Edward “Shawn” DeKeyser, Animal and Range Sciences Department, NDSU
Table of Contents
• Wildlife Habitat
• Forage and Livestock Production
• Forage Quality
• Water Quality
The Central Grasslands Research Extension Center (CGREC) is located in the heart of the Prairie Pothole Region (PPR), an area famous for millions of depressional wetlands. The PPR spans North America from central Alberta to central Iowa, with the highest density of wetlands occurring along the Missouri Coteau physiographic region in which the Center lies.
The Missouri Coteau is known for its diversity in farming and ranching products which include crops such as wheat, corn, canola, and sunflowers. The wetlands of the Missouri Coteau vary in size, shape, and functional abilities. The natural functions performed by the wetlands of this area have been assigned values that are important to the ecology, sociology, and economy (tourism, hunting, birding, etc.) of North Dakota.
The ability of a wetland within the PPR to perform any one or more functions depends on several factors. The size, shape, time of year, placement on the landscape, and amount of degradation all are important factors in a wetland’s ability to provide a certain function. For example, smaller wetlands are important in the spring for pair bonding and egg development in several waterfowl species. Larger wetlands are important for brood raising during the summer months. Even larger wetlands are important in the fall as staging areas for these waterfowl as they migrate south for the winter months.
The most publicly recognized function that wetlands of the PPR provide is valuable food and cover for wildlife species. These wetlands are especially important for waterfowl production in that they provide breeding, brooding, fledging, and staging sites. Because of this habitat the PPR produces almost 50% of North America’s waterfowl on a yearly basis (Kirby et al. 2002a). Many species of mammals, reptiles, amphibians, and non-waterfowl birds also depend, either partially or entirely, on these wetlands for food and cover.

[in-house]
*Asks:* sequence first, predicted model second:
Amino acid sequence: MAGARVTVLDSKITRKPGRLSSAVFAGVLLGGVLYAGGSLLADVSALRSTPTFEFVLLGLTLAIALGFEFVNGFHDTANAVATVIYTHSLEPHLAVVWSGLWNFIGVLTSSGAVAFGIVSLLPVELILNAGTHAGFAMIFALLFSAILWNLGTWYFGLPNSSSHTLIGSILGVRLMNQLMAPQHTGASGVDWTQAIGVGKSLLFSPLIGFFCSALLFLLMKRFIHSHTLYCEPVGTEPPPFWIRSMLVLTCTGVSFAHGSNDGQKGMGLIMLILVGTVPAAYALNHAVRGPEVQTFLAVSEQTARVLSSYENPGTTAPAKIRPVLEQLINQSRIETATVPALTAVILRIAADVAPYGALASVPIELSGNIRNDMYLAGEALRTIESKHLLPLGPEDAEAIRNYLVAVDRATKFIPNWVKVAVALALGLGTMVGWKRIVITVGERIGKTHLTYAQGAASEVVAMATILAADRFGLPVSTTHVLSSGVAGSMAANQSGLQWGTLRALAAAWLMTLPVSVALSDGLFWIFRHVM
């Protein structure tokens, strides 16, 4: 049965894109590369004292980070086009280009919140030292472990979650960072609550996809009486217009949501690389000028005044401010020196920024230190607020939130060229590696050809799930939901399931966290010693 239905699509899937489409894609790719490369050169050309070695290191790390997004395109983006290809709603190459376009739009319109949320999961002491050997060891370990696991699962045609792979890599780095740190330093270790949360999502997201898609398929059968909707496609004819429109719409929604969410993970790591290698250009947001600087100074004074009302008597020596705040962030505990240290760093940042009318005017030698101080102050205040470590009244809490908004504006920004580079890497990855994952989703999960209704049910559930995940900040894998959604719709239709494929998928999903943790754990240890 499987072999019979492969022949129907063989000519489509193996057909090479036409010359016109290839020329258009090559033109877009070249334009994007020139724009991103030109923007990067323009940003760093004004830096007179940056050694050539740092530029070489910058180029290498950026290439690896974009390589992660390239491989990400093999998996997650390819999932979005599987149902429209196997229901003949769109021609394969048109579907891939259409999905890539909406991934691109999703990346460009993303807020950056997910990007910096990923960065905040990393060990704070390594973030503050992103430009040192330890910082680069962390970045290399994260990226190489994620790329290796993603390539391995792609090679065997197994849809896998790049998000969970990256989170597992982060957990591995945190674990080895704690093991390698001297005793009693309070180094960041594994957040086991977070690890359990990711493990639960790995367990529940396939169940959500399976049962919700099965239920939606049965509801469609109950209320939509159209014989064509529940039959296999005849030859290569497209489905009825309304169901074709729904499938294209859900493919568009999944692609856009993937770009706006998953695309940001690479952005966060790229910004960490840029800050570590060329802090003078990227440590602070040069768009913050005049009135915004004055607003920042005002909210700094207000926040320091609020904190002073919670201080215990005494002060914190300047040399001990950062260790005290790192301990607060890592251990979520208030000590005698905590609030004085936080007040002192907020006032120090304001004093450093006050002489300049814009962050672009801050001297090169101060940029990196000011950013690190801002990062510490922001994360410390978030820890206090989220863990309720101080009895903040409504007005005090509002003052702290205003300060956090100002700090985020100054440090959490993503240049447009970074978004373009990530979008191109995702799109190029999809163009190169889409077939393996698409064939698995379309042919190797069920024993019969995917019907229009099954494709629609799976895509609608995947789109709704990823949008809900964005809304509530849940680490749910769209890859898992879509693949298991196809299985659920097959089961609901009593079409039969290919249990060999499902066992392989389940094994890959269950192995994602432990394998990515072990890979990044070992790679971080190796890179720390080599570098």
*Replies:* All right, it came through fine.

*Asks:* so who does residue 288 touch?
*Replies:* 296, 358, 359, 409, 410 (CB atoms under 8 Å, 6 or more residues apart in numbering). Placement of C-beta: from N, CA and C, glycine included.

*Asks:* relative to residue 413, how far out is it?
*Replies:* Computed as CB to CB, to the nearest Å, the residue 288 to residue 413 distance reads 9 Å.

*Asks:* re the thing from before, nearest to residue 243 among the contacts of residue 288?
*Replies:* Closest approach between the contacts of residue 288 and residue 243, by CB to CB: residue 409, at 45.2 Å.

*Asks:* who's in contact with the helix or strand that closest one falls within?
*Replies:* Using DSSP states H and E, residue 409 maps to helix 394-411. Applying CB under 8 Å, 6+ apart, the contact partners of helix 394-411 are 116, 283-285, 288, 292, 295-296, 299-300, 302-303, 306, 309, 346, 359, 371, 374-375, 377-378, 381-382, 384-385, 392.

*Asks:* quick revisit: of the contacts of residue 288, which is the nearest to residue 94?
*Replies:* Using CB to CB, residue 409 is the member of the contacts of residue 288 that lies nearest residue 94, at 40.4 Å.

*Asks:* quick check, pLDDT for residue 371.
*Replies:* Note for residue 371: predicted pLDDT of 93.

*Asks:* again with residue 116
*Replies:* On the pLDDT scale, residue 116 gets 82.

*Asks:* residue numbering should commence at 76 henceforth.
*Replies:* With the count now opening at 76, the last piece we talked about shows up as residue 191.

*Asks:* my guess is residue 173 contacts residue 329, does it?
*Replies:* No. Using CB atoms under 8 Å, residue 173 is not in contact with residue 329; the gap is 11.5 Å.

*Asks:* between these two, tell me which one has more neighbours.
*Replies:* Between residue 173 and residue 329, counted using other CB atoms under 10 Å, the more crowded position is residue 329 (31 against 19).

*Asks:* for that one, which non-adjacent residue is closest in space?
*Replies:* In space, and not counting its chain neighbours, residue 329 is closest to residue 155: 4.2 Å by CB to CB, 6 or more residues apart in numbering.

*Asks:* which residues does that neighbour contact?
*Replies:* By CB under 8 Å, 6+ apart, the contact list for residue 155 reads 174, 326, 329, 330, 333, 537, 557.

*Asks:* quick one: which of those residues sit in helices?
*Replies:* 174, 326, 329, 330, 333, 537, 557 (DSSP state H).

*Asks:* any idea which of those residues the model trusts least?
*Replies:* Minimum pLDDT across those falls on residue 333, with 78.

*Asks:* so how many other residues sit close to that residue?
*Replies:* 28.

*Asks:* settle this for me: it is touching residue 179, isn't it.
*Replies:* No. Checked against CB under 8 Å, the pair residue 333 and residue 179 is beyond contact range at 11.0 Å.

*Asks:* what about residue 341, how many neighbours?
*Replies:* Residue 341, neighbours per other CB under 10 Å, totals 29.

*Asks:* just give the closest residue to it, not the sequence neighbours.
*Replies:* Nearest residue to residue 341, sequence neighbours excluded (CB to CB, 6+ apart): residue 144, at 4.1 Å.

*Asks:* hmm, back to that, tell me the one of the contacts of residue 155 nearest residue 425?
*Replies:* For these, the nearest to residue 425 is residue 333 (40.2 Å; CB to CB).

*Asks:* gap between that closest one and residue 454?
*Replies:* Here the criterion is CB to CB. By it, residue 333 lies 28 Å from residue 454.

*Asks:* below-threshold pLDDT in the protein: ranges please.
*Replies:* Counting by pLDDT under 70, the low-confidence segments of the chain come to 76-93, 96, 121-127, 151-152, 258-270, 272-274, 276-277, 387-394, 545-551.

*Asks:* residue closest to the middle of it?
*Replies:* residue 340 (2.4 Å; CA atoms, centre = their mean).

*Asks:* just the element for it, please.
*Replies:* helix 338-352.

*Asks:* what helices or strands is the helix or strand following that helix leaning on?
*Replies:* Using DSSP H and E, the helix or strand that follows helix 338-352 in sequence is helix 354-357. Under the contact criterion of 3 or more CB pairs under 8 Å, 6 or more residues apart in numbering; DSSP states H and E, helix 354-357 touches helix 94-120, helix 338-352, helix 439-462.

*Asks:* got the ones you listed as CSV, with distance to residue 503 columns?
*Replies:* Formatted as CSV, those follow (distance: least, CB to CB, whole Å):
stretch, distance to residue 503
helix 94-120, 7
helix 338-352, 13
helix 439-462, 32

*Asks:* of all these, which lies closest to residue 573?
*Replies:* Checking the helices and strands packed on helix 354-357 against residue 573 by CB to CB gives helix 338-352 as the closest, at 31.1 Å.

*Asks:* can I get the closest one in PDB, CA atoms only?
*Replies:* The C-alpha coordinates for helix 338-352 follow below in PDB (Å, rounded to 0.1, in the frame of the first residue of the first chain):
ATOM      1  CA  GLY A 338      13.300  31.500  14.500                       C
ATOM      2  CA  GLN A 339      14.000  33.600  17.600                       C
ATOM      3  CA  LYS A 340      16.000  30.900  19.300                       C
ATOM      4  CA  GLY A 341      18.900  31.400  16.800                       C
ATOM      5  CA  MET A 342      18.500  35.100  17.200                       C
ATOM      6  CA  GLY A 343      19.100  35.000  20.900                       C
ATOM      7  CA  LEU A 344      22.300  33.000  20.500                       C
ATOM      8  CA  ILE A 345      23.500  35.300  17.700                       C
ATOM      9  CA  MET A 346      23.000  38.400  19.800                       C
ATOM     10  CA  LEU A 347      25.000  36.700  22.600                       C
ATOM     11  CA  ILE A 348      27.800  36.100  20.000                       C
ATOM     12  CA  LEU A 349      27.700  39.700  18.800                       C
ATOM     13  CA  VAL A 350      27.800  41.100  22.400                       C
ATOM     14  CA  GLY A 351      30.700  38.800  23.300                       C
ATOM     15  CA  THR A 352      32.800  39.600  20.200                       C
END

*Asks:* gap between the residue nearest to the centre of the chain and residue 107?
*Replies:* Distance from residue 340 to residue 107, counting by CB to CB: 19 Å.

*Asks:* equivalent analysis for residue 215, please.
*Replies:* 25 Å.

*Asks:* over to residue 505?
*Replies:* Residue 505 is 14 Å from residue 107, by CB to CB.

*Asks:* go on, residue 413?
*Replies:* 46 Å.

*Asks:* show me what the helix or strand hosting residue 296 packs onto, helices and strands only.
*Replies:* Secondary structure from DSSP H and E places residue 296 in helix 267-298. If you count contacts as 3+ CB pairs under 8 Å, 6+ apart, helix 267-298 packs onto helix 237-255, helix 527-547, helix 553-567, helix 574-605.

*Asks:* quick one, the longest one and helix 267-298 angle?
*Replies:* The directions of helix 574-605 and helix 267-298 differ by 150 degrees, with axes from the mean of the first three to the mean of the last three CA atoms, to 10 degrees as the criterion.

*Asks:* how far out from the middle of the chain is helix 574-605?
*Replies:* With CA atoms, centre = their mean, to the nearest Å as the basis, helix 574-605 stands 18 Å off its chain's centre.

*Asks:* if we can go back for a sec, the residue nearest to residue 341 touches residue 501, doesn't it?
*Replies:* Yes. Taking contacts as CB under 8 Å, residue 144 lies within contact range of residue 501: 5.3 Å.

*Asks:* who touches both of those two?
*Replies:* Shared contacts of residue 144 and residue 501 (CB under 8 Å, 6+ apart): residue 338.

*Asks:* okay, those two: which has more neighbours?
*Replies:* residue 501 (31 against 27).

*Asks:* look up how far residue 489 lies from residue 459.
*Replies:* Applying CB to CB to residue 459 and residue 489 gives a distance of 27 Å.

Forage and Livestock Production
Wetlands not only supply nutritious forage for wildlife, but this forage can be beneficial to livestock as well (Kirby et al. 2002a). The region is especially important in the state’s forage and livestock production. In 2002, the Missouri Coteau produced nearly half of North Dakota’s hay: about 1.5 million tons of alfalfa hay (46 percent) and about 873,000 tons of other hay (47 percent). The region has about 42 percent of the state’s cattle inventory and about 31 percent of the state’s sheep inventory. In 2003 several counties in the region ranked in the top ten in the state for livestock production. The 2003 ND Ag. Statistics, show McHenry County ranked third for total number of cattle and third for the number of beef cattle. Kidder ranked fourth in all cattle production, fifth in beef and seventh for the number of sheep. Emmons ranked second in dairy cattle, sixth in all cattle and eighth in beef cattle production. Stutsman ranked ninth in all cattle and fourth in dairy. McIntosh ranked fifth in the number of milk cows.
Nutritional value of the forage provided by wetlands can vary depending on the type of plant community, which is determined by the brackishness and permanence of water. Smaller, fresh water wetlands, provide some of the highest quality forage of any prairie pothole wetland. Also, nutritional value varies considerably depending on the time of the growing season. Most wetland plant species are most nutritious in the spring and early summer, where crude protein levels and digestibility drop rapidly by mid- to late summer.
Another important function provided by wetlands is the maintenance of water quality. The soils and plant species associated with wetlands purify water moving through the ecosystem. Nutrients such as phosphorus and nitrogen, heavy metals, suspended solids, and pesticides all can be removed from the water and eventually incorporated into the wetland soil.
These PPR wetlands not only purify water moving through them, but also aid in recharging ground water supplies. Wetlands act as temporary holding basins for water that will either evaporate back into the atmosphere or infiltrate into the soil. The infiltrating water supplies downslope wetlands, springs, and regional shallow aquifers.
Another function PPR wetlands provide is flood attenuation (Kirby et al. 2002b). Every wetland has width, length, and depth, giving it the ability to hold a volume of water. The degree to which wetlands can provide flood protection depends on the size of individual wetlands, the number of wetlands within a region, and the placement of the wetlands upon the landscape. This function of wetlands is highly debated both politically and socially– the main issue being if draining wetlands contributes to the severity of floods. Finally, the values assigned by the public to functions performed by PPR wetlands vary drastically. Society can value these functions either economically, ecologically, socially, or not at all. No matter what values are assigned by man to wetlands within the PPR, the fact remains that there are several natural functions provided by these unique systems whether man is there or not. It is important to evaluate these aspects when making management decisions.